MEDICAL RECORDS PRIVACY: Is Senate Bill ‘Doomed?’
Amid contentious debate over medical records privacy, the bill currently before the Senate Health, Education, Labor and Pensions Committee "has evolved into a measure that would allow insurers and employers continued access to sensitive medical information," and poses difficult questions regarding access to medical records -- including whether or not the bill would provide adequate protections for patients, and pre-empt state laws, the Los Angeles Times reports (Rubin, 6/20). With so many competing interests closing in on the legislation -- including insurance companies, health care businesses, law-enforcement officials and consumer advocates -- the measure proposed by Sen. Jim Jeffords (R-VT) is "dying under pressure" and "appears to be doomed," the New York Times reports. Although the bill stipulates that individuals must authorize disclosures of medical records, it also says that anyone with health insurance must "as a condition of enrollment in the health plan," authorize the disclosure of personal health information for "the vaguely defined purpose of 'health care operations.'" Opponents of the legislation, which has been yanked from committee four times just as it comes up for amendment or a vote, charge that the bill would strong-arm patients by threatening them with losing their health insurance. "The bill tends to erode confidentiality more than it guarantees confidentiality," said George Annas of the Boston University School of Public Health. "More people would be authorized to have access to your medical records than have access under current law," he said (New York Times, 6/21). Denise Nagel, executive director of the National Coalition for Patient Rights, said, "I had high hopes for this legislation. ... So I was really surprised that they came out pre-empting [future] state law" (Los Angeles Times, 6/20).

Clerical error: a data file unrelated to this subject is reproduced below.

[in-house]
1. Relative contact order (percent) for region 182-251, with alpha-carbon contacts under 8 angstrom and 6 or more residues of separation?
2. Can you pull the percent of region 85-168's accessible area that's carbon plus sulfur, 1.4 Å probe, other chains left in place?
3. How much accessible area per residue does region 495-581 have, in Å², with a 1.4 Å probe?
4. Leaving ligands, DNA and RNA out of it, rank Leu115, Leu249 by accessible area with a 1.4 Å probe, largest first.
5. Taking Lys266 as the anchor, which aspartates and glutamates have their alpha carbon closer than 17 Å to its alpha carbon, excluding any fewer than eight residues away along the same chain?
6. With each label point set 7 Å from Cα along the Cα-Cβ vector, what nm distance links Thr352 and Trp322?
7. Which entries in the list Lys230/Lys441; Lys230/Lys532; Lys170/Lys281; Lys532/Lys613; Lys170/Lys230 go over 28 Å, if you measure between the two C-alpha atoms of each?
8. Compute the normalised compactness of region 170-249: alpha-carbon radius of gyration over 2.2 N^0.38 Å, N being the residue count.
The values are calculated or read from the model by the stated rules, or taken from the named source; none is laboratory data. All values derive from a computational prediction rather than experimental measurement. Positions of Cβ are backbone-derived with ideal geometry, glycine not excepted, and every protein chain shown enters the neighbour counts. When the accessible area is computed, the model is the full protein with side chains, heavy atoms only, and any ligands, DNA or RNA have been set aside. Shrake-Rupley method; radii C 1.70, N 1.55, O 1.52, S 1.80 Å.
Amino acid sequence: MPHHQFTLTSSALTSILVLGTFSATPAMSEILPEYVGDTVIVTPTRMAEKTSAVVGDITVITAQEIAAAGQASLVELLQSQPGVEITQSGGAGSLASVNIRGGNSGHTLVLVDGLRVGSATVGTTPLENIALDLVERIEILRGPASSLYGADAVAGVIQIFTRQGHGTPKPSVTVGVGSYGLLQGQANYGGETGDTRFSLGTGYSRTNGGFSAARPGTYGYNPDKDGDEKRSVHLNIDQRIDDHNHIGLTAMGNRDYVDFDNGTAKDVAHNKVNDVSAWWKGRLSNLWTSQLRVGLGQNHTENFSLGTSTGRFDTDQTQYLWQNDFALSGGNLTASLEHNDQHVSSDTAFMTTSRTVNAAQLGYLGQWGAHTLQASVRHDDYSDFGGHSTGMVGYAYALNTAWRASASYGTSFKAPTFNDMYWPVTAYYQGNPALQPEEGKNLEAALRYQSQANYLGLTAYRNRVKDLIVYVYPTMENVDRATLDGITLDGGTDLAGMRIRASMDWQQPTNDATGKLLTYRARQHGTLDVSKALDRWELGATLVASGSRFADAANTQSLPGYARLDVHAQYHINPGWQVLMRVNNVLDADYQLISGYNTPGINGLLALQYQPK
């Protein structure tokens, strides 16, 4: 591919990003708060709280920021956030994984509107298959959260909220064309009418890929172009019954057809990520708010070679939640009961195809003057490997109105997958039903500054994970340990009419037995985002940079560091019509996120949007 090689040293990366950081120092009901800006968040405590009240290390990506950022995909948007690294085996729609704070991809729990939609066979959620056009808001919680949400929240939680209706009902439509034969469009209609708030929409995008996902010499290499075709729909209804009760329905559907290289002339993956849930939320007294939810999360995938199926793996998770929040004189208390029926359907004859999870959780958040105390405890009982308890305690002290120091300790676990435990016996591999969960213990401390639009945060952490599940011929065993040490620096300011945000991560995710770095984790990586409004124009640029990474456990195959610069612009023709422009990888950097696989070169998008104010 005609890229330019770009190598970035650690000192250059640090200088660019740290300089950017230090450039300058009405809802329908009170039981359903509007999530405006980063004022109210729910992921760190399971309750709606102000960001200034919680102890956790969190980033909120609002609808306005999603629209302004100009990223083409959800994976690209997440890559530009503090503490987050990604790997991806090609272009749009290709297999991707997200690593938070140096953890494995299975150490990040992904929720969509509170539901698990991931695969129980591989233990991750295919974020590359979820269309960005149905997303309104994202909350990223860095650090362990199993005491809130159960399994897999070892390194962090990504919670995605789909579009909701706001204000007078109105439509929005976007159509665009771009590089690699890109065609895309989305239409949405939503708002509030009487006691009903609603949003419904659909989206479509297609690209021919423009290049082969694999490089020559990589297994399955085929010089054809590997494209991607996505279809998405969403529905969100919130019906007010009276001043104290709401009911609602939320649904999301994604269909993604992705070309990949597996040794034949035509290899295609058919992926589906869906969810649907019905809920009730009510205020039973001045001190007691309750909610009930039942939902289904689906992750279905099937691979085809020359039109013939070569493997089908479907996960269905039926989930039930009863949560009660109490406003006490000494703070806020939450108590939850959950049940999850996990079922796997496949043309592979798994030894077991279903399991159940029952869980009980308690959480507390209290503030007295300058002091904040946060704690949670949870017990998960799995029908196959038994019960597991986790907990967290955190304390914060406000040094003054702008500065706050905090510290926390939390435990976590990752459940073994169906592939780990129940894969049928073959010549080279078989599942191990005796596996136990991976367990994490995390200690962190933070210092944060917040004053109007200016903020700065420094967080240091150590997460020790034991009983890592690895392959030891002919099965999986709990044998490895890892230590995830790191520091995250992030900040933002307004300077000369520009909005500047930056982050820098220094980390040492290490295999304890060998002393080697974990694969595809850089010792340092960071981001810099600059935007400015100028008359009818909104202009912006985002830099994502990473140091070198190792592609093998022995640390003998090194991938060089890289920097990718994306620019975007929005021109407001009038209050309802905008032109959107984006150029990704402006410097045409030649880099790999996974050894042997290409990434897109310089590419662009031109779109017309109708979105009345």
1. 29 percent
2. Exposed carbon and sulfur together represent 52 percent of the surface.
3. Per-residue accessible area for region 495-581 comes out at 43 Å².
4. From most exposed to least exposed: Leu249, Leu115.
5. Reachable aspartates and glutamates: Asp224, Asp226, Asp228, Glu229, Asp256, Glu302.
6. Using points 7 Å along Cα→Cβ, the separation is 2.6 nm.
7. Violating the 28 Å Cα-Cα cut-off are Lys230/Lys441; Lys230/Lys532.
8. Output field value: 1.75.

Under the bill, a health insurance company could craft one authorization form for patients to sign that would clear access to medical records for "treatment, payment and health care operations." The last "broadly defined" term could apply to "almost everything for which a health plan might want to use a patient's medical records," including tracking the behaviors of doctors, auditing claims and setting insurance rates. In trying to push the bill, Congress has run headlong into several questions, the Times reports:
- Should states be permitted to take the government's standards one step further and pass even stronger medical privacy legislation?
- Should the legislation provide greater protection for HIV, AIDS and genetic test results?
- Should parents have access to the medical records of their children? As it stands, the bill would allow the "rights of minor children [to be] exercised by a parent or by a child, as provided under state law. Abortion opponents back the provision; advocates of abortion rights take issue with the clause.
- Should patients be able to sue based on improperly disclosed medical records? Although the bill would establish a right to sue for "certain intentional violations of a patient's privacy rights, ... neither consumer advocates nor insurance companies like the proposed compromise" (New York Times, 6/21).